Soule Finds a Weakness in the Afterlife, Discusses Surprise "Inhuman" Return
Return of the Dapper Men
Written by Jim McCann; Illustrated by Janet Lee
There’s a line in Finding Neverland that’s stuck with me. “Young boys should never be sent to bed. They always wake up a day older.” What I love about that movie (and stories like Peter Pan and Alice in Wonderland) is their celebration of childhood. They reflect a delightfully tenacious refusal to let something as mundane as growing up steal the joy of an imaginative life.
Of course, there’s a flipside to that perspective. A couple of them, really. The dreary one that’s most often cited by boring people is that you can’t stay a child forever. As a Grown Up, one has Responsibilities to face. As if meeting responsibilities and living a blissful, inspired, creative life are mutually exclusive activities.
There’s another response to the Peter Pan Syndrome though; one that’s just as special as the desire to hold on to childhood. It doesn’t belittle childhood as something to be put behind as quickly (and grumpily) as possible. It takes the best part of childhood and invites us to carry it with us into a more mature way of looking at the world. That’s the perspective that Jim McCann and Janet Lee introduce in Return of the Dapper Men.
It’s the story of a place called Anorev in which Time has ceased to exist. The clocks have stopped ticking (or, to be precise, tocking) and the result is that there is no bedtime. That’s what brought the Finding Neverland quote to mind. No one wakes up any older, because it never gets dark and no one ever has to go to bed. Peter Pan would love it, but in Anorev it means that nothing has meaning anymore. The world has stagnated to the point that even the concept of Play has become rote and tired. The Dapper Men return – as you might expect – to set things right. They get the clocks tocking again. And teach some lessons along the way.
The biggest message that I took away was a wonderful companion to JM Barrie’s. As 41, the only one of the Dapper Men to talk explains to Ayden, the book’s young hero, bedtime is more than necessary. It’s vital and exciting. It’s “blankets and pillows and books by the bed to make the stuff of dreams. And then tomorrows.”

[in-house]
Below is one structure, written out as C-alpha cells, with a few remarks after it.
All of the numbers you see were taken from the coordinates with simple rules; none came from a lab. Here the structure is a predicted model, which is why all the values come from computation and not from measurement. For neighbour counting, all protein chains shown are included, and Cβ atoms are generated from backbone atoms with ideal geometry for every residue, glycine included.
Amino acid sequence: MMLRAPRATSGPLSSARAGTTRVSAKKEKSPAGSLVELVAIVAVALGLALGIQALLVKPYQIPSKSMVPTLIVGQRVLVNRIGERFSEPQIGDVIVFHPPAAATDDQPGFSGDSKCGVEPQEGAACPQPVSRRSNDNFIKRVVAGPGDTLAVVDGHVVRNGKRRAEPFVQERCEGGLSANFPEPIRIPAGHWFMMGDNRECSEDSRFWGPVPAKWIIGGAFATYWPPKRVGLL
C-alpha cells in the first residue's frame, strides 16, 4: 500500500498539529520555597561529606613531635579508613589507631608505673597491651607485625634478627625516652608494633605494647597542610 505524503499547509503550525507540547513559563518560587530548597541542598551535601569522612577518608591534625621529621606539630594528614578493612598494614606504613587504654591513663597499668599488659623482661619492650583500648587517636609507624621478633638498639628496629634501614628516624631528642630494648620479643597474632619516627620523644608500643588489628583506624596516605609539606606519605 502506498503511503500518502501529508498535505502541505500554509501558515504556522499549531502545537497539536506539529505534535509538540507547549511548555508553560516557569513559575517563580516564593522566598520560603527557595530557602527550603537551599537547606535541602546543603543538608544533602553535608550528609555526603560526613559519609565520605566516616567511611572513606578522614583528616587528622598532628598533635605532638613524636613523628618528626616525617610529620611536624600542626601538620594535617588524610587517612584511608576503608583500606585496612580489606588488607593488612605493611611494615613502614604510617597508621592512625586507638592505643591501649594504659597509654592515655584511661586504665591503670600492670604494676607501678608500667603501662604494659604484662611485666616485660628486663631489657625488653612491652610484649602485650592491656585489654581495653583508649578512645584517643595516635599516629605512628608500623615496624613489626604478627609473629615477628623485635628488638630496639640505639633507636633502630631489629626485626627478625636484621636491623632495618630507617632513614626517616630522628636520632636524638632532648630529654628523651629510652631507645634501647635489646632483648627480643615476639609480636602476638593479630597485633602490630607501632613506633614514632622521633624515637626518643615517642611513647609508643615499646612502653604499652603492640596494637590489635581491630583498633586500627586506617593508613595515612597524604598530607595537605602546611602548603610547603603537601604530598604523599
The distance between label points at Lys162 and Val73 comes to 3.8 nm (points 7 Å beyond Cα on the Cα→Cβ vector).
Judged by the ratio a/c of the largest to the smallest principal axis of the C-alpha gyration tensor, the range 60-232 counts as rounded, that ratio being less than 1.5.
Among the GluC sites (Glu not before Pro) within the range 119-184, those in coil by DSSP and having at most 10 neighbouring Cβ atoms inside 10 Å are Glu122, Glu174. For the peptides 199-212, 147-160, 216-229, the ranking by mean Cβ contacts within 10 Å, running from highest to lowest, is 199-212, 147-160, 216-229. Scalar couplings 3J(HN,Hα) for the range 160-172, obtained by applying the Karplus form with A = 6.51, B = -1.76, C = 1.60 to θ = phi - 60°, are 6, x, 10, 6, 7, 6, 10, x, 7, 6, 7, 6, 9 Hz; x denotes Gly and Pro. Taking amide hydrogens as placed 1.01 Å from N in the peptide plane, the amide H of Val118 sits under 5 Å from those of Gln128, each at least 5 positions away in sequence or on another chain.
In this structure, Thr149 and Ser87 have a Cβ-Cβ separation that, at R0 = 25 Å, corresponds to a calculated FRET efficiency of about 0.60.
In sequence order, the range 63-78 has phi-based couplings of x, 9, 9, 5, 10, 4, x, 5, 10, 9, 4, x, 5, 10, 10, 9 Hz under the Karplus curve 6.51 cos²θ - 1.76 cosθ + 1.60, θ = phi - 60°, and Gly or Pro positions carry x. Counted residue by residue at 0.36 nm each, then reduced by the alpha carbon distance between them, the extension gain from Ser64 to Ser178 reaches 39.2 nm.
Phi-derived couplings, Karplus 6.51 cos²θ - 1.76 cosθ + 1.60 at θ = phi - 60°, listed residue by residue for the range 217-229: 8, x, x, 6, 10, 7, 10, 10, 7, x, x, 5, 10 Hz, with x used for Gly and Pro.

“Tomorrows?” asks Ayden, who doesn’t remember what that means.
“The wonderful thing that follows dreaming. Where everything is possible…”
Imagination and Play are wonderful, but Adventure, says 41, requires Change and Doing. I love that. It values the creative wonder of childhood, but discourages staying there. To live fully, we have to carry that wonder with us as we go about doing things. Growing up doesn’t mean giving up the things that made you smile as a kid. It just means embracing your freedom to interact with and change the world around you. And that’s more wonderful than any childhood dream, because it’s the ability to make those dreams reality.
Speaking of dreams and imagination, Janet Lee’s art sure puts the reader in the proper mindset to contemplate those concepts. Using a combination of markers and decoupage, she creates a magical, child-like world full of mechanical wonder. Return of the Dapper Men has been described as a steampunk fairy tale and Lee makes it look like one.
From a writing standpoint, the steampunk angle is easy to see – the world is full of gears and robots and clockworks – but the fairy tale label takes more effort to unpack. This is mostly because fairy tales themselves are so difficult to define. Do they have to have fairies in them? Do they even have to have magic? Do they require a conflict between good and evil? Experts disagree.
I’m certainly no scholar, but what I think of when I hear the term is a story for children that teaches some kind of life lesson in a subtle way (as opposed to the overt morals in fables, for instance). By that definition, Return of the Dapper Men certainly qualifies. Though I’ve tried to make one of the book’s messages overt in this post, I don’t know that everyone’s going to have the same reaction or place as much weight on that particular piece of the story. It was the message that was most powerful to me, but there are more that I don’t doubt will resonate more strongly with other readers.
The book is packed with symbolism and meaning, much of which I’m sure I missed in my initial reading. The role of the robots, for instance. Other than the Dapper Men, there are no adults in Anorev, so where did all the children come from?
There are hints that they may have come from the robots. While chastising the humans and machines for not getting along, 41 says, “You, that’s no way to speak to what you’ve created. And you, you should be thankful you’re even alive because of them.” Only he’s not looking at anyone in particular and you can’t tell which group he’s addressing when.
One of the kids calls him on it. “I can’t tell who you’re talking to!”
“I honestly have no idea,” he says.
Neither do I, but I’m going to enjoy re-reading (and continuing the story in the next two Dapper Men volumes) and trying to figure it out.
Discussion Questions: If you’ve read Return of the Dapper Men, what do you think is the relationship between the humans and robots?
If you haven’t, recommend another great steampunk comic. I’ve got the itch to read more now.